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The Betty H. Carter Women Veterans Historical Project

Oral history interview with Linda Morgan Maini, 2008

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Object ID: WV0406.5.001

Description: Primarily documents Linda Morgan Maini’s service in the Red Cross during the Vietnam War.

Summary:

Maini discusses her childhood in Cleveland, her reasons for enrolling at DePauw University, her college experience, the mood of the country following President John Kennedy’s inaugural address and his later assassination, and the liberal and conservative movements in the early sixties. She recalls her struggle to decide on a career; enlisting in the Peace Corps; and her corps training in Puerto Rico, including the physical training, learning to farm and do domestic work, evaluation by a psychiatrist, and her reasons for leaving the program.

Maini gives her reasons for enlisting in the Red Cross and her parents’ reaction. Much of the interview focuses on her first tour in Vietnam, including: the plane ride over; C-rations; response of troops to seeing American females; working in the recreation center on base; being evacuated because of fighting between Nguyen Cao Ky and Nguyen Van Theiu; setting up programs on outlying bases; maintaining the line between friendship and romance with soldiers; laterite clay; Red Cross uniforms; R&R in Bangkok and Tokyo. Topics related to her time at Lai Khe include: serving as unit director; living quarters; friendship with the Black Lions; adopting a soldier’s dogs. Topics from her duty in Di An include: General James Hollingsworth; General William E. DePuy; base facilities; and soldiers’ dedication.

Maini discusses returning home to a family party and the shock of cold weather, her transfer to Valley Forge Army Hospital, working with orthopedic patients there; and Brian Thomas “B.T.” Collins. She talks about the anti-war movement and the poor treatment of returning veterans, the assassinations of Martin Luther King Jr. and Robert Kennedy, and the women’s movement. Maini also discusses her return to Vietnam. Topics from her tour at the 12th Evacuation Hospital at Cu Chi include: the lack of challenging hospital work; facilities; helping in the hospital; maintaining the recreation room; and meeting her husband.

Post-Vietnam topics include: following her husband’s assignments; her daughter’s service in the U.S. Navy; the Kent State shootings; living and teaching English in Korea; balancing work and parenting; moving to Lexington, Virginia; and working for the George C. Marshall Foundation.

Creator: Linda Kay Morgan Maini

Biographical Info:

Linda Morgan Maini (b. 1943) of Cleveland, Ohio, served in Vietnam as a member of the Red Cross from 1965 to 1969.

Collection: Linda K. Morgan Maini Papers

Rights: It is responsibility of the user to follow the copyright law of the United States (Title 17, U.S. Code). Materials are not to be reproduced in published works without written consent, and any use should credit Jackson Library, The University of North Carolina at Greensboro.

Full Text:

Therese Strohmer:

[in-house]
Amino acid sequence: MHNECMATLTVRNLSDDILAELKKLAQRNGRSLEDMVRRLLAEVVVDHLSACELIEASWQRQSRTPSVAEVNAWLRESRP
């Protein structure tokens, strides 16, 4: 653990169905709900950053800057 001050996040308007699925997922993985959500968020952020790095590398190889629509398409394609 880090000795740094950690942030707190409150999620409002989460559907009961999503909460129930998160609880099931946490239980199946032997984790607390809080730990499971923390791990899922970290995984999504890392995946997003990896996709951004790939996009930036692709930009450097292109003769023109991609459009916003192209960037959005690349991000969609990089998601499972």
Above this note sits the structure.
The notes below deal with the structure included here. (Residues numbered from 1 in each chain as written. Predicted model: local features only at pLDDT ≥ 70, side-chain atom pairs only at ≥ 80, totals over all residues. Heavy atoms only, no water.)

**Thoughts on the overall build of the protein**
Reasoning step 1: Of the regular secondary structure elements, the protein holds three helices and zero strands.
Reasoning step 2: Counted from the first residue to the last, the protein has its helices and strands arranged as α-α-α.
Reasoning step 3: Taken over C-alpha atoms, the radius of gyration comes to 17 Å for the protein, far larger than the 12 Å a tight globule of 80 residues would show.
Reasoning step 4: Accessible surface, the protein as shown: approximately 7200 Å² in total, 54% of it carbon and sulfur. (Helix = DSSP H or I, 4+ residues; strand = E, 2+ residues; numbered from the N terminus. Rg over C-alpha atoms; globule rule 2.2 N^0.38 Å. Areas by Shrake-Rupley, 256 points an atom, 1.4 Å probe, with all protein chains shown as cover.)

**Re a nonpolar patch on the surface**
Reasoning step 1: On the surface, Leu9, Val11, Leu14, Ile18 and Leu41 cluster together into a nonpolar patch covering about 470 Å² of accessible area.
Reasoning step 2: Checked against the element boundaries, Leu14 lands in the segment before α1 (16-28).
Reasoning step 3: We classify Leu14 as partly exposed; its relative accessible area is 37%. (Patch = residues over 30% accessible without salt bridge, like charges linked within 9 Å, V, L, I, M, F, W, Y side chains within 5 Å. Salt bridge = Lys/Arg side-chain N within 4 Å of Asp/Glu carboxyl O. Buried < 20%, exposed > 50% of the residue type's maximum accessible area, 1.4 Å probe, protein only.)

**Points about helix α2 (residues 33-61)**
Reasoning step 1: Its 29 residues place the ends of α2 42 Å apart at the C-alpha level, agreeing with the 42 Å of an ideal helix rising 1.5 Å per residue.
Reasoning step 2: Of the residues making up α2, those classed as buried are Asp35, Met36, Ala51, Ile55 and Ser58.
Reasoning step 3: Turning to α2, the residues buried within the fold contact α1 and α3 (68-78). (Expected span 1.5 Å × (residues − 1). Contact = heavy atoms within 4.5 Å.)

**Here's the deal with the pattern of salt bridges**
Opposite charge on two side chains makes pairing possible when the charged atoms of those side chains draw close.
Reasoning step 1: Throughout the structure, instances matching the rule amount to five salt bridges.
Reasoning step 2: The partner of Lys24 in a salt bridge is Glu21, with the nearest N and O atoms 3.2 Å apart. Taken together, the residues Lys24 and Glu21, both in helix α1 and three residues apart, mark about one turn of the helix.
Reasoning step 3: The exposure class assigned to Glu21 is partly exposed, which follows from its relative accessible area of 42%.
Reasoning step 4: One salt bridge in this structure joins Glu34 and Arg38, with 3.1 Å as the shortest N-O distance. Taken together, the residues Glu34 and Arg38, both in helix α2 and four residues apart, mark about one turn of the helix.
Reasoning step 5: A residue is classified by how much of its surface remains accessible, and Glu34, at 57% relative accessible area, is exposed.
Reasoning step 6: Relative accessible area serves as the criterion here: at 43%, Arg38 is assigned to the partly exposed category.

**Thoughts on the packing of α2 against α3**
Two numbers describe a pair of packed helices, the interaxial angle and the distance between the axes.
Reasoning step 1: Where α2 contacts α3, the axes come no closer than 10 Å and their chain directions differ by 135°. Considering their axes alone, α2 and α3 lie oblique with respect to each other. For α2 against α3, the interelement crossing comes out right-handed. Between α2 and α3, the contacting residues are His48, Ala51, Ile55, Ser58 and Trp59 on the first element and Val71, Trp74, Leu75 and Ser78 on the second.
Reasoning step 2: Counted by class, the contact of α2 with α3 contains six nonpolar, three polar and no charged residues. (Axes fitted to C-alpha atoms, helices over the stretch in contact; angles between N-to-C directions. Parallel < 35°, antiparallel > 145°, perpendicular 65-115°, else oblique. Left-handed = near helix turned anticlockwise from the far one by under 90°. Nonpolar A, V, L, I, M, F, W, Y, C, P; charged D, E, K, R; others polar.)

Okay. All right, this is take six. [laughter] This is Therese Strohmer, and today is March 8, 2008. We're in Lexington, Virginia, on a beautiful day. This is an oral history interview for the Woman Veterans Historical Project at the University of North Carolina at Greensboro. Linda, go ahead and state your full name.

Linda Maini:

I'm Linda Morgan Maini.

TS:

All right, excellent. Okay, Linda, we start with: tell me, if you don't mind, where and when you were born.

LM:

[chuckles] Way back when. I was born in Buffalo, New York, on the nineteenth of July, 1943.

TS:

In Buffalo, New York? Oh, okay. What did your parents do while you were growing up?

LM:

Geez, well, my mother was a nurse by profession, but she didn't work full time by any stretch of the imagination, although she did work in the school system in Cleveland while I was growing up as a school nurse off and on. But she was mostly a stay-at-home-mom. And my dad was an engineer by trade and he pretty much put himself through college, but it was during the Depression years.

TS:

Right.

LM:

Mom and Dad got married in 1939, so. But my father actually was very successful and he wound up his career—I can't even remember the name of the company that he worked for—but he was the vice president and then president of a subsidiary of that company that did—I'm trying to think of exactly what they did. The name—the word has eluded me.

TS:

[laughs] That's okay. Maybe you can—if you remember we can come back to that.

LM:

Fabrication. That's right.

TS:

Oh, okay.

LM:

It was a—he worked in metal fabrication. They were a metal fabricating firm. So that's what the two of them did while I was growing up. I moved from—we moved—the family moved from Buffalo to Cleveland when I was in kindergarten, so I really grew up in Cleveland, and Cleveland is where I normally say my hometown is.

TS:

Okay. And do you have any brothers and sister?

LM:

I've got a younger brother, David. He's four years younger than I am, and he is a petroleum engineer and works and lives just outside Houston.

TS:

Okay, so one brother?

LM:

One brother. One brother. He's got two boys, so one brother, two nephews.

TS:

Very good. And do you have any fond memories from growing up in Cleveland?

LM: